This means that the foreign trade of the Russian Federation with occupied "South Ossetia" is in fact an integral component of a broader subject - trade of the Eurasian Union with Georgia. This reality has already affected the volume of our trade. For example, this year Georgia’s exports to Armenia will suffer from the decisions of the Eurasian Union; in particular, as a result of restrictions on the re-export of vehicles. It turns out that the bilateral Free Trade Agreement between Georgia and Armenia does not work in this part.
But if we get back to the trade relations of the Russian Federation with the occupied Tskhinvali region, the documents of the Eurasian Union (having in mind its responsibility and legal competence to establish a foreign trade regime with the third countries) create additional space for Georgia for diplomatic maneuvering. Together with Russia, members of the Eurasian Union are four Georgia-friendly states: Belarus, Armenia, Kazakhstan and Kyrgyzstan. It would be quite expedient to initiate consultations with our partners in order to bring to their attention the following messages:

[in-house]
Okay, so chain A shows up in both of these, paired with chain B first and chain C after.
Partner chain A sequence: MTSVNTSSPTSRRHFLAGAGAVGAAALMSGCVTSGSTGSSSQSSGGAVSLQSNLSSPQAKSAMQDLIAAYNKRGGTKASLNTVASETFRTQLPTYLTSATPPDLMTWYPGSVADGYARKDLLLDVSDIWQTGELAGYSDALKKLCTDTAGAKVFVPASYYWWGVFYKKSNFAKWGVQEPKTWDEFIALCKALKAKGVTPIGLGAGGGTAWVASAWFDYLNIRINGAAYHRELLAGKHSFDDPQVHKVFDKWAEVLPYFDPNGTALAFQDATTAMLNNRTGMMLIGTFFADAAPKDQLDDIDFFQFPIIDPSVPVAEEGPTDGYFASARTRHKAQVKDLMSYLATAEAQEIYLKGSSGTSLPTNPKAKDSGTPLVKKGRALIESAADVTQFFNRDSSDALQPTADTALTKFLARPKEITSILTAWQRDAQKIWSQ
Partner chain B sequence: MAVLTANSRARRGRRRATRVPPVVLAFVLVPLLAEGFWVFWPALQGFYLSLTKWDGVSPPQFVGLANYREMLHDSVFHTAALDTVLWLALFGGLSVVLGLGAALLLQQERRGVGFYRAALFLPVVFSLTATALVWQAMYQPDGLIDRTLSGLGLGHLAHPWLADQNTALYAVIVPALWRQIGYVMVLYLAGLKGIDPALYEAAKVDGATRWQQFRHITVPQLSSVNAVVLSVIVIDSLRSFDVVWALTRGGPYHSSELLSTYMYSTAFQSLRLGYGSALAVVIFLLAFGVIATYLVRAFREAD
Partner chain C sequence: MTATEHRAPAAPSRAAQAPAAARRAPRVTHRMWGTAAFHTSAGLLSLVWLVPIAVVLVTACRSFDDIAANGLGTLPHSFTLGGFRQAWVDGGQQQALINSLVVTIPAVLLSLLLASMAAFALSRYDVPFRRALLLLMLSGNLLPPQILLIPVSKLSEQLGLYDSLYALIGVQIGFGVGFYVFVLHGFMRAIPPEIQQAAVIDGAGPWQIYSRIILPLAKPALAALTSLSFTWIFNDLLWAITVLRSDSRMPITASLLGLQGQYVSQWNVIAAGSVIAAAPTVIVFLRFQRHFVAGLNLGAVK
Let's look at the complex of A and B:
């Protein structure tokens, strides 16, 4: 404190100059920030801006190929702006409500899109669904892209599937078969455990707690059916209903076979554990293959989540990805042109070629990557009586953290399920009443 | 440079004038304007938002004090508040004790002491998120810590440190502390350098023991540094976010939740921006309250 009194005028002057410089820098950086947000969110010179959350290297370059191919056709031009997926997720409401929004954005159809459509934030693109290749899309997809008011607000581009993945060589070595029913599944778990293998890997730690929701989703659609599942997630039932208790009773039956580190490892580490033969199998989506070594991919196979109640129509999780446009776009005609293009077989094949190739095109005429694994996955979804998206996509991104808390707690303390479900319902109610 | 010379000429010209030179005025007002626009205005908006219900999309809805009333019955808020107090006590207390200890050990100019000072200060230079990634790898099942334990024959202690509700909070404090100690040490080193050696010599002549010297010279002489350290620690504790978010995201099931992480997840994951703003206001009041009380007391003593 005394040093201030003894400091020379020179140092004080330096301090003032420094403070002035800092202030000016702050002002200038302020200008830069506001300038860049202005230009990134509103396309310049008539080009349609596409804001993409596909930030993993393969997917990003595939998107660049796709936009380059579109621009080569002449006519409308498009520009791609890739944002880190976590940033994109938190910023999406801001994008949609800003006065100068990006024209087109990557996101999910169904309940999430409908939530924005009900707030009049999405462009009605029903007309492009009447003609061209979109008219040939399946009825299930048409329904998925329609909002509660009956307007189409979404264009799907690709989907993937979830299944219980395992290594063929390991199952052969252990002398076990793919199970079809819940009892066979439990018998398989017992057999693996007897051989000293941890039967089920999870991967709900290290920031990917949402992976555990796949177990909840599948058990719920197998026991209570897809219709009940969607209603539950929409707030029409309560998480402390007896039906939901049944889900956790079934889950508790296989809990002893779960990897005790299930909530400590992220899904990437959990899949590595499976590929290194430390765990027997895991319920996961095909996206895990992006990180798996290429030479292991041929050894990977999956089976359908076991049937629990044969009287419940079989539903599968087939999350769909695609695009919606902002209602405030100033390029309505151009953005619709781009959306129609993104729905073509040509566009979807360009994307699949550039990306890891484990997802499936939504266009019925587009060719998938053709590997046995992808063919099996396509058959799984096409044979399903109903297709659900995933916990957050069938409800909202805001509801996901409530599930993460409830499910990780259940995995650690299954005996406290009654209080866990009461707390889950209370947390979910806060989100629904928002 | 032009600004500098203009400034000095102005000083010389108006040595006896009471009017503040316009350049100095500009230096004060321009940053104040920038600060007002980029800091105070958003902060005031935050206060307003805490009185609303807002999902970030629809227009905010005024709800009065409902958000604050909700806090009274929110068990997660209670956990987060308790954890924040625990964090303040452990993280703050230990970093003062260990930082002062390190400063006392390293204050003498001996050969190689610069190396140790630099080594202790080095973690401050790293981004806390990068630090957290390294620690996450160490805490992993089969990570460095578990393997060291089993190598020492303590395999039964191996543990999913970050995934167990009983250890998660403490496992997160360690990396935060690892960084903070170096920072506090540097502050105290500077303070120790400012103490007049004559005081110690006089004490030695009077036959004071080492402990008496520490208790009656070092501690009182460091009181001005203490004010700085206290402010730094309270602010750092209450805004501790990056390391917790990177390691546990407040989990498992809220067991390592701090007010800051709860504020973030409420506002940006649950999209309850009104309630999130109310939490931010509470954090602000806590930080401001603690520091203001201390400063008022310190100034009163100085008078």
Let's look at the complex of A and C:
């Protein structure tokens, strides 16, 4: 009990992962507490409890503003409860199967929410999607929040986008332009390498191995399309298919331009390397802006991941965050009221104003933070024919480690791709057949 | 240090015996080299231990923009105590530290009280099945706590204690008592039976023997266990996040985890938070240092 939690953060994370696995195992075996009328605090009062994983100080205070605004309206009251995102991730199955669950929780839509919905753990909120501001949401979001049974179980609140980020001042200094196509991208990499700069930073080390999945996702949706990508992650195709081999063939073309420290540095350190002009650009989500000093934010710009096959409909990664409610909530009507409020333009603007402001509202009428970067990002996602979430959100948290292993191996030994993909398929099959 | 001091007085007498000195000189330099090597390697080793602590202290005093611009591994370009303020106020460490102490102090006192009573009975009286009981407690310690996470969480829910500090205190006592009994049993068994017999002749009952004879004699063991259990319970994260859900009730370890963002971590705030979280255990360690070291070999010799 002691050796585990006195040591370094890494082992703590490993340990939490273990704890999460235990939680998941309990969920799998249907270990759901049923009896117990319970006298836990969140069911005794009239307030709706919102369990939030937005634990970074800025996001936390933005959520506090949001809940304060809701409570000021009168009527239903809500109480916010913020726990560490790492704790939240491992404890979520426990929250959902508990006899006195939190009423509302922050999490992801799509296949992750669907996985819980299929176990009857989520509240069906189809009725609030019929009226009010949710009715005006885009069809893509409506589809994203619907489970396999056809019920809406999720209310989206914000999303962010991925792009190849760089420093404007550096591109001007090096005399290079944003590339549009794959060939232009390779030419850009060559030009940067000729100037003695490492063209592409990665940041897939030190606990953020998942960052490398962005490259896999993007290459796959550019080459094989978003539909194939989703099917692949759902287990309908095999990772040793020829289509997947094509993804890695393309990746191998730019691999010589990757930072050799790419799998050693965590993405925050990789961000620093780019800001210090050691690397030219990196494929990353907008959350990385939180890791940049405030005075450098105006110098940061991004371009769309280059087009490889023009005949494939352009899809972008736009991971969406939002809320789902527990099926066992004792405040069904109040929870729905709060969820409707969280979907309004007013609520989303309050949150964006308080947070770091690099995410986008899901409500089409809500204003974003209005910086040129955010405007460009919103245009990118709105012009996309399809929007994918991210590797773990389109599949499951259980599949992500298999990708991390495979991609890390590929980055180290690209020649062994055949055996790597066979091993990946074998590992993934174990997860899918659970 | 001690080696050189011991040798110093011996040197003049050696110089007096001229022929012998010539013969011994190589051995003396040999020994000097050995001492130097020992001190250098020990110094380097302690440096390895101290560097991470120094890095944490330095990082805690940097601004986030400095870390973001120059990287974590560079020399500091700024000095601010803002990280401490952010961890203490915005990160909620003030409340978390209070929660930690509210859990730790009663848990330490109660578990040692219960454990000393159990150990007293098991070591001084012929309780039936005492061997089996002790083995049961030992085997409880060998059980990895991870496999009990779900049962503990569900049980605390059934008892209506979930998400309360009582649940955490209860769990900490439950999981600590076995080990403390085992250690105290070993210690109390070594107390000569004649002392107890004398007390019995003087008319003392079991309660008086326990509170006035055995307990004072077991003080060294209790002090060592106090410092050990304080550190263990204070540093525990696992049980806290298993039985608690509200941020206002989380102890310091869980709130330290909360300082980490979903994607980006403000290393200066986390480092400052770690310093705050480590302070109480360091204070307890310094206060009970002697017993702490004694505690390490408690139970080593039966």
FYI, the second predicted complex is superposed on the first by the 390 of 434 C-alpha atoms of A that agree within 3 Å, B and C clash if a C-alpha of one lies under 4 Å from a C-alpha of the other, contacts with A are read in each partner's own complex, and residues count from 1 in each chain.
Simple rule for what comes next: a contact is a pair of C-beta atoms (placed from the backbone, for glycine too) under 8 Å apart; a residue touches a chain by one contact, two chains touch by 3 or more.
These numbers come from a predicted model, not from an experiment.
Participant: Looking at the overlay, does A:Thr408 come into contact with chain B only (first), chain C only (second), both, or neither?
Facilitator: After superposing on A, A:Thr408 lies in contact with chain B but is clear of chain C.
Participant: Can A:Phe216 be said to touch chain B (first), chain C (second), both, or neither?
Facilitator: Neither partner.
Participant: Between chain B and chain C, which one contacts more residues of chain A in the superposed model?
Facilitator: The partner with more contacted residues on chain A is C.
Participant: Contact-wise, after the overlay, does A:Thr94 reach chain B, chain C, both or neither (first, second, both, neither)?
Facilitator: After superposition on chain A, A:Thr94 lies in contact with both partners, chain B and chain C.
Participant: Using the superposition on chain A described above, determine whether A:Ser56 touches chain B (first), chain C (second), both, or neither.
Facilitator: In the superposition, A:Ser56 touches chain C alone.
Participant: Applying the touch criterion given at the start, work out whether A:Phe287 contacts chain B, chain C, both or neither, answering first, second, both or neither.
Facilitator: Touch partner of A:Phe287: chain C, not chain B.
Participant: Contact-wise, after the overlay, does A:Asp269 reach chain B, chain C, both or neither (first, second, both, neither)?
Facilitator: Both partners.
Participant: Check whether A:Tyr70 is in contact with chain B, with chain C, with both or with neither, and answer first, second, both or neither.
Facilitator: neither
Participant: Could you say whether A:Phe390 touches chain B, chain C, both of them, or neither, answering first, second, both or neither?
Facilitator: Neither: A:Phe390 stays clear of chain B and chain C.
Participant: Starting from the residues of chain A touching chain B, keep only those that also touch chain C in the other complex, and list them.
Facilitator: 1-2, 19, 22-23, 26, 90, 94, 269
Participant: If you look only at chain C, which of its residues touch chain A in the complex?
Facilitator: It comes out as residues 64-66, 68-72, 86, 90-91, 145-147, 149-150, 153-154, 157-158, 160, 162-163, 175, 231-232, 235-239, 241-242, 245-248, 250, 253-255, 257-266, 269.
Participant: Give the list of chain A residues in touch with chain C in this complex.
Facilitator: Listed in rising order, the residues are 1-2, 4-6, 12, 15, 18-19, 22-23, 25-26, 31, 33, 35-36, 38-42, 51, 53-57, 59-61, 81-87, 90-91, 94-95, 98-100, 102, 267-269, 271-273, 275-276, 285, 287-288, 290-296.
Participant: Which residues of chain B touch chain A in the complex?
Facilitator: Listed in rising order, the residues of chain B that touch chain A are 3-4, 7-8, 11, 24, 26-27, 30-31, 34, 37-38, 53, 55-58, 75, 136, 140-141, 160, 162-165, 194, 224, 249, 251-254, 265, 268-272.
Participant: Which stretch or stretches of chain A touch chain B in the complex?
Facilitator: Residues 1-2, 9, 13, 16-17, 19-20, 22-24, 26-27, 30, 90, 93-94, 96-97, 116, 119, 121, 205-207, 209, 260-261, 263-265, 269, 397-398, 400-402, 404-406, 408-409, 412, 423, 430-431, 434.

- Russia's trade with the occupied Tskhinvali region is in fact foreign trade of the Eurasian Union with Georgia;
- Trade of the Eurasian Union with the occupied Tskhinvali region, as an integral part of Georgia, is illegal without the appropriate consent of Georgia and is incompatible with the friendly nature of relations between Georgia and the four member states of the Eurasian Union;
- In the case that the Russian Federation annexes the already occupied Tskhinvali region, the Eurasian Union will face the responsibility for the consequences of such an act at least in the field of trade relations.
In addition to bilateral meetings with the member states of the Eurasian Union, these theses could also become the topic for consultations of the representative of the Georgian Government (for example, the State Minister for Reconciliation and Civic Equality) with the Chairman of the Board of the Eurasian Economic Commission, Mikhail Myasnikovich. He often travels from Moscow to the capitals of the member states. Such a meeting could take place either in his native Minsk or in Yerevan ...
It is clear that the arguments provided in this article fully apply to the trade relations of the Eurasian Union with Abkhazia, Georgia as well as with Crimea, Ukraine, some districts of the Donetsk and Luhansk regions of Ukraine, Transnistria, Moldova, etc. This creates a capacity for the states that have signed Association Agreements with the European Union (including the Deep and Comprehensive Free Trade Area) to elaborate a common strategy vis-à-vis the Eurasian Union.